The union that represents Brevard County teachers is encouraging its members to curtail any unpaid school-related work done outside of the classroom, to include support of clubs and other extra-curricular activities.
To protest the school board’s proposed 1.5 percent pay increase, the Brevard Federation of Teachers is calling on all teachers to “work to the contract” starting Jan. 5.
“That means we are going to put in our eight hours and that’s it,” federation president Dan Bennett said.
The union’s vice president, Anthony Colucci, told the school board last week that teachers “will continue this campaign until we have a favorable contract.”
Bennett said there’s no way to know how many teachers will take the call to action. The effort is one of the only forms of recourse the union can take against the school board, because Florida law prohibits public employees – including teachers – from striking or initiating work slowdowns by calling in sick en masse.
“Walking off the job or reporting to work late is not an appropriate action and it comes with harsh consequences,” according to the Florida Education Association, the statewide teachers union.
Union leaders are also hoping to rally citizen support through social media, email campaigns and speaking at school board meetings.
“Really, our power is PR,” Bennett said. “Our power is to take the case to the people.”
The teacher’s union and the school board have been at impasse since October, when Brevard Public Schools officials said the 1.5 pay raise was their “best and final” offer.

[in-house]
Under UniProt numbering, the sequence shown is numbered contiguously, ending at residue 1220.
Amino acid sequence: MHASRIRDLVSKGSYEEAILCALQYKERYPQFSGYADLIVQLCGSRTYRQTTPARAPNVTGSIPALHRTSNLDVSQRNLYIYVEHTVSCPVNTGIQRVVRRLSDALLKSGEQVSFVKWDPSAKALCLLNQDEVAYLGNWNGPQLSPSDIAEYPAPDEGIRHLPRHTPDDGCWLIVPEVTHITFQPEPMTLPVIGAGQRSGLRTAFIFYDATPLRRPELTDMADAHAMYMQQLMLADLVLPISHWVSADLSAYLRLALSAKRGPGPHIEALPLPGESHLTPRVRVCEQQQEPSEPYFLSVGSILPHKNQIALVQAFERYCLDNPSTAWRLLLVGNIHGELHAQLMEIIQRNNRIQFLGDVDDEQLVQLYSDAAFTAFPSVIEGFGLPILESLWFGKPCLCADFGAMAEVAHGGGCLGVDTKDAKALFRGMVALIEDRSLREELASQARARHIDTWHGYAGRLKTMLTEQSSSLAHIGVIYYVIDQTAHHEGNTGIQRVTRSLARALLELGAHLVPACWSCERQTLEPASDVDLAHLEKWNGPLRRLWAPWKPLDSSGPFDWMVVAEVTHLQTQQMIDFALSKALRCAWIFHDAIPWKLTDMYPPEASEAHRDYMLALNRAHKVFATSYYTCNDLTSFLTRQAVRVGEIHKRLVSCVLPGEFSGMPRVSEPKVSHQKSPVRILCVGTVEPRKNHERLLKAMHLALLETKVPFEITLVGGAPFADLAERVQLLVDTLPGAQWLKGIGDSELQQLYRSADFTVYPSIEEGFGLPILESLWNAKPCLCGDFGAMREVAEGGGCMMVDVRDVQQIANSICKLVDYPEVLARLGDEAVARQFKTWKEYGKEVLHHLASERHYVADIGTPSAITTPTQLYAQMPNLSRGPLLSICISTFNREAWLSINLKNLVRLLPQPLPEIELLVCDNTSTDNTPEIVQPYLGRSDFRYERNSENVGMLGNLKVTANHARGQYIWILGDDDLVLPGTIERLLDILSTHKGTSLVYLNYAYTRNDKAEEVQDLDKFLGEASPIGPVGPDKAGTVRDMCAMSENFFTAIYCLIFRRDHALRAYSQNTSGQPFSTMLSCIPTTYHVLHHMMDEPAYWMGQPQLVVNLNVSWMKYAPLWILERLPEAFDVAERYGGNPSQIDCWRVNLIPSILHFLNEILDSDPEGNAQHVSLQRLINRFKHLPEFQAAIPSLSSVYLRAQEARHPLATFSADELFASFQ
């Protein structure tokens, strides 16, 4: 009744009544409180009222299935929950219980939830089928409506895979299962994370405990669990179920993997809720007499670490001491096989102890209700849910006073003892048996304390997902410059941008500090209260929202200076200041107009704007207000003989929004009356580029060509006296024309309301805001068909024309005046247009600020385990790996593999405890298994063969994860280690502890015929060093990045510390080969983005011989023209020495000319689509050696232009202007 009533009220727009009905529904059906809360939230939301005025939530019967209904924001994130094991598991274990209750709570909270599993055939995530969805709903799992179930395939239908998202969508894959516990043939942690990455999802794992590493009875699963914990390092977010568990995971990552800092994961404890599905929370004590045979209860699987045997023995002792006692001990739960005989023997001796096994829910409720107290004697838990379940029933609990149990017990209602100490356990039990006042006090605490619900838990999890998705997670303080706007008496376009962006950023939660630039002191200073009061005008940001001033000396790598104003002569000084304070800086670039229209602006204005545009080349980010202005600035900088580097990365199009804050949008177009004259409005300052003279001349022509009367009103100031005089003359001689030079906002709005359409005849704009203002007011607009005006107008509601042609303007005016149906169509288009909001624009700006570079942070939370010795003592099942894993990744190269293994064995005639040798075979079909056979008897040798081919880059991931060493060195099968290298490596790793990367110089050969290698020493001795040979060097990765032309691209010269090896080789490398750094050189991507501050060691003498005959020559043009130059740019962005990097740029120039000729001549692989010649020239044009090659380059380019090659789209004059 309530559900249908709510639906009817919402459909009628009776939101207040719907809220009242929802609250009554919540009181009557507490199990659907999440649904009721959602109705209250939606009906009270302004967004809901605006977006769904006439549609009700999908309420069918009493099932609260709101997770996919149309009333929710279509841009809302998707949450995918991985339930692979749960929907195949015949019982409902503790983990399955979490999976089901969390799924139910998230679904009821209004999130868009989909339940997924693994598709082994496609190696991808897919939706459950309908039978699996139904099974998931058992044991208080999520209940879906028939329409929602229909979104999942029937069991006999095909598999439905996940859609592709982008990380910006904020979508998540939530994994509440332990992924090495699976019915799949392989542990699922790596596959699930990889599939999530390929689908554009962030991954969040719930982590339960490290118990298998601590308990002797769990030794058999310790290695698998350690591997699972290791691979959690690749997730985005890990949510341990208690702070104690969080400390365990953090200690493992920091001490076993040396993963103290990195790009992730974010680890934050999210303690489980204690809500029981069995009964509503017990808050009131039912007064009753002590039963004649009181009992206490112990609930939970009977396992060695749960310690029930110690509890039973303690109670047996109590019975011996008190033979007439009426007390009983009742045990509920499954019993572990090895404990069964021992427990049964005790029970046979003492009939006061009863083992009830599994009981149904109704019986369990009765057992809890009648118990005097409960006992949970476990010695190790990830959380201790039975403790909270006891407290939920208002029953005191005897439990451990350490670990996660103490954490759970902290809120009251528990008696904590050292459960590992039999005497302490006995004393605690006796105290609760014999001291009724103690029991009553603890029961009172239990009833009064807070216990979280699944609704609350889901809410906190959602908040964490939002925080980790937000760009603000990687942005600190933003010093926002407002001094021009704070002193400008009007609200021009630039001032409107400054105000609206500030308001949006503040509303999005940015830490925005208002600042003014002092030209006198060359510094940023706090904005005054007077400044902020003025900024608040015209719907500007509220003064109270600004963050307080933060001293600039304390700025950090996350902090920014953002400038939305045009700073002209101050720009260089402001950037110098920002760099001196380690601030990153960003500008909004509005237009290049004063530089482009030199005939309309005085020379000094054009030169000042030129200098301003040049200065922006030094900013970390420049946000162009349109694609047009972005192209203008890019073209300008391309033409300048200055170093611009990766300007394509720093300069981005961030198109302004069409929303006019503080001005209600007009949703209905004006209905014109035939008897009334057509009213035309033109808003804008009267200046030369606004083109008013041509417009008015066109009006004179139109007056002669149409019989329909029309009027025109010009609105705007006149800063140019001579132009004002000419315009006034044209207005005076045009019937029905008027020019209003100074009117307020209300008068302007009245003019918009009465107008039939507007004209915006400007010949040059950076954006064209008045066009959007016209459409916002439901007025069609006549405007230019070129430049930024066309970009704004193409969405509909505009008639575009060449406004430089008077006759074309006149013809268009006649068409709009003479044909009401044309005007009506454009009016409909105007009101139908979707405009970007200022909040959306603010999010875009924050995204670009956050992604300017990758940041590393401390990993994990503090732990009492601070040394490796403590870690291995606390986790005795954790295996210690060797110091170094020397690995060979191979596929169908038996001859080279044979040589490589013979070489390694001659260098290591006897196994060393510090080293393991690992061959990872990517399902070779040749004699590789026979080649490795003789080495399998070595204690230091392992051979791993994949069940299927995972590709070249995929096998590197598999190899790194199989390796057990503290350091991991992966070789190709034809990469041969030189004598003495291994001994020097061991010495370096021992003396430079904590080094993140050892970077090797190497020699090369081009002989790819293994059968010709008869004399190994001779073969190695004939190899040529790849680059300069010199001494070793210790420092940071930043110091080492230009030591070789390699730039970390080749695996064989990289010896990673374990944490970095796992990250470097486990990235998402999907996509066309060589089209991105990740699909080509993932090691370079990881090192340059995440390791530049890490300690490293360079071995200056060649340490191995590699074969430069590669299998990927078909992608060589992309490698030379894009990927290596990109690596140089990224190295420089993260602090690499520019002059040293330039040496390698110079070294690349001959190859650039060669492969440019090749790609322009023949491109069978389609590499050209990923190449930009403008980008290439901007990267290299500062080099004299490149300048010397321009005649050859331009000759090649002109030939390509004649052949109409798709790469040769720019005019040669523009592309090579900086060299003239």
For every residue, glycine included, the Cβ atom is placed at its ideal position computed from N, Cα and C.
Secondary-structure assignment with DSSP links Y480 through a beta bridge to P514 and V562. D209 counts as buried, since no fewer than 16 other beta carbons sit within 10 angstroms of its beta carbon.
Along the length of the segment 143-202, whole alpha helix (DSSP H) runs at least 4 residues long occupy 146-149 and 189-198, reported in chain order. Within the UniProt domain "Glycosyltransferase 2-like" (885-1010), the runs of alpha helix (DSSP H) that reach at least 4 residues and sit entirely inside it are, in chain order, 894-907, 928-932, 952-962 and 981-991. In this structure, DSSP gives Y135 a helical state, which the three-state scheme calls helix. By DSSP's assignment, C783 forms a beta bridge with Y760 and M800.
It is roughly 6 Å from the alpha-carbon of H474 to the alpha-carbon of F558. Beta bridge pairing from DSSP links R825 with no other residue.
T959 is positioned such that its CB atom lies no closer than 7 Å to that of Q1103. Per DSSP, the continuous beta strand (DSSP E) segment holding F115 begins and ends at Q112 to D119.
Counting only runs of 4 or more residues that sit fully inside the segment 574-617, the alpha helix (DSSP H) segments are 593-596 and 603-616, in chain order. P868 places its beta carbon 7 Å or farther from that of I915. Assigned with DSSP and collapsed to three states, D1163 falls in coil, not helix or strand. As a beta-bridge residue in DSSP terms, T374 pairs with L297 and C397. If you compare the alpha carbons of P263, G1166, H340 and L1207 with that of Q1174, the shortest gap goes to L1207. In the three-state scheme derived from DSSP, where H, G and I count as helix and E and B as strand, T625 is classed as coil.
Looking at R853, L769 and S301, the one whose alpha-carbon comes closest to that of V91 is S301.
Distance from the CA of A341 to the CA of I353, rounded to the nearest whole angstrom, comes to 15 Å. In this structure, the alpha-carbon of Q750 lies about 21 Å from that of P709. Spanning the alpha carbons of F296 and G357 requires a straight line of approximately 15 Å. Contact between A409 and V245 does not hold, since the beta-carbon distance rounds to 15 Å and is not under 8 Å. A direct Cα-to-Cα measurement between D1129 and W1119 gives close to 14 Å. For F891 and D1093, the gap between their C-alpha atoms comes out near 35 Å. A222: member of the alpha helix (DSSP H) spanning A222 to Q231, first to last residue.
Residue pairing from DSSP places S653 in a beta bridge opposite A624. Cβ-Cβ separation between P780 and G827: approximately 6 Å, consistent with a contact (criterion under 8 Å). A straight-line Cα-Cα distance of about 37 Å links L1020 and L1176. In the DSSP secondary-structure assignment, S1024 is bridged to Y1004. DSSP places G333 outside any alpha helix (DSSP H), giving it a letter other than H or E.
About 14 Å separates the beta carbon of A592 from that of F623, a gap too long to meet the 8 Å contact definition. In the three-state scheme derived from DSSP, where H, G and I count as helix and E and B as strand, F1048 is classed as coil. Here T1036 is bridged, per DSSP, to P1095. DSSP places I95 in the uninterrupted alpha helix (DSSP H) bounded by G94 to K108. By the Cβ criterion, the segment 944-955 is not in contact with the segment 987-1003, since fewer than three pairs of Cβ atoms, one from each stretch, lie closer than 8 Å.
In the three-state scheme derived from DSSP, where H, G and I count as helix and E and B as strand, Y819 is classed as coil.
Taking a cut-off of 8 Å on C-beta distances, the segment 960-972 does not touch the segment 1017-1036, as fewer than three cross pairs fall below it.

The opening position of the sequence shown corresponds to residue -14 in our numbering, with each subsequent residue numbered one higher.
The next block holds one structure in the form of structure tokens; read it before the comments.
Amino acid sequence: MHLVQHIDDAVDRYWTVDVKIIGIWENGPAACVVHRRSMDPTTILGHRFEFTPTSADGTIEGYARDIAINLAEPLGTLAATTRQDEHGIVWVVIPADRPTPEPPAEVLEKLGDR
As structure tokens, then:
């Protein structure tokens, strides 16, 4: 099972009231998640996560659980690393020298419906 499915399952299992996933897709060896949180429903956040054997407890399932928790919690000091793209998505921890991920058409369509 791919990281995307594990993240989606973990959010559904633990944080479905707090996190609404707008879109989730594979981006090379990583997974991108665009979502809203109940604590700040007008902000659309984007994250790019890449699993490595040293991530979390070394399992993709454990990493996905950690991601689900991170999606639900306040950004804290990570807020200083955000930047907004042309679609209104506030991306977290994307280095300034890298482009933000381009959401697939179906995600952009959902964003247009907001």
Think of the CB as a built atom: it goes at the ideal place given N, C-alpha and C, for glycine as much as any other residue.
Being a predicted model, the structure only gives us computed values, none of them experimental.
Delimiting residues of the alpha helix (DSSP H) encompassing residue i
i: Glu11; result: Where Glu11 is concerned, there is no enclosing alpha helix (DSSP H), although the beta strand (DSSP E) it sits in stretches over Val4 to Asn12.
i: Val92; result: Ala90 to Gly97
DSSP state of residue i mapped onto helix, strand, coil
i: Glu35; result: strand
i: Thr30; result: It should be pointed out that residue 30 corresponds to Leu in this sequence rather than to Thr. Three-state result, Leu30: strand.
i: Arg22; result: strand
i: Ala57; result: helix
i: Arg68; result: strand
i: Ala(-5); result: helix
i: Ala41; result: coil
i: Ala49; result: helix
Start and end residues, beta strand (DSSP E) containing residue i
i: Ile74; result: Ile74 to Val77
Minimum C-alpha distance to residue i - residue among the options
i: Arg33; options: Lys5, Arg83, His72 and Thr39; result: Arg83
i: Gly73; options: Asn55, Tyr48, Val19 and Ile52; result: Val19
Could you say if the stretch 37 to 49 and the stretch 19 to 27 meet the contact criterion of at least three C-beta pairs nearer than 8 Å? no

But teachers say the offer is too low. “We’re not going to settle on a 1.5 percent raise,” Bennett said.
The two sides continue to negotiate, with their next meeting scheduled for Dec. 4. They have also requested a mediation hearing before a state magistrate.
Brevard Public Schools spokesman Matt Reed said neither school board members nor administrators can comment on the negotiations while the case is before the magistrate.
The union’s tactics are largely symbolic. The mediation is non-binding, and teachers must comply with any contract approved by the school board, whether they agree with it or not.
Teacher pay raises are an issue state-wide, and several other counties are also still in negotiations with local unions.
Florida ranked 34th last year in teacher pay out of the 50 states and the District of Columbia, according to the National Education Association. The average teacher salary in Florida last year was $49,199, compared to the national average of $58,353. The average salary for a teacher in Brevard County is $47,723.
Written by: Jan Wesner Childs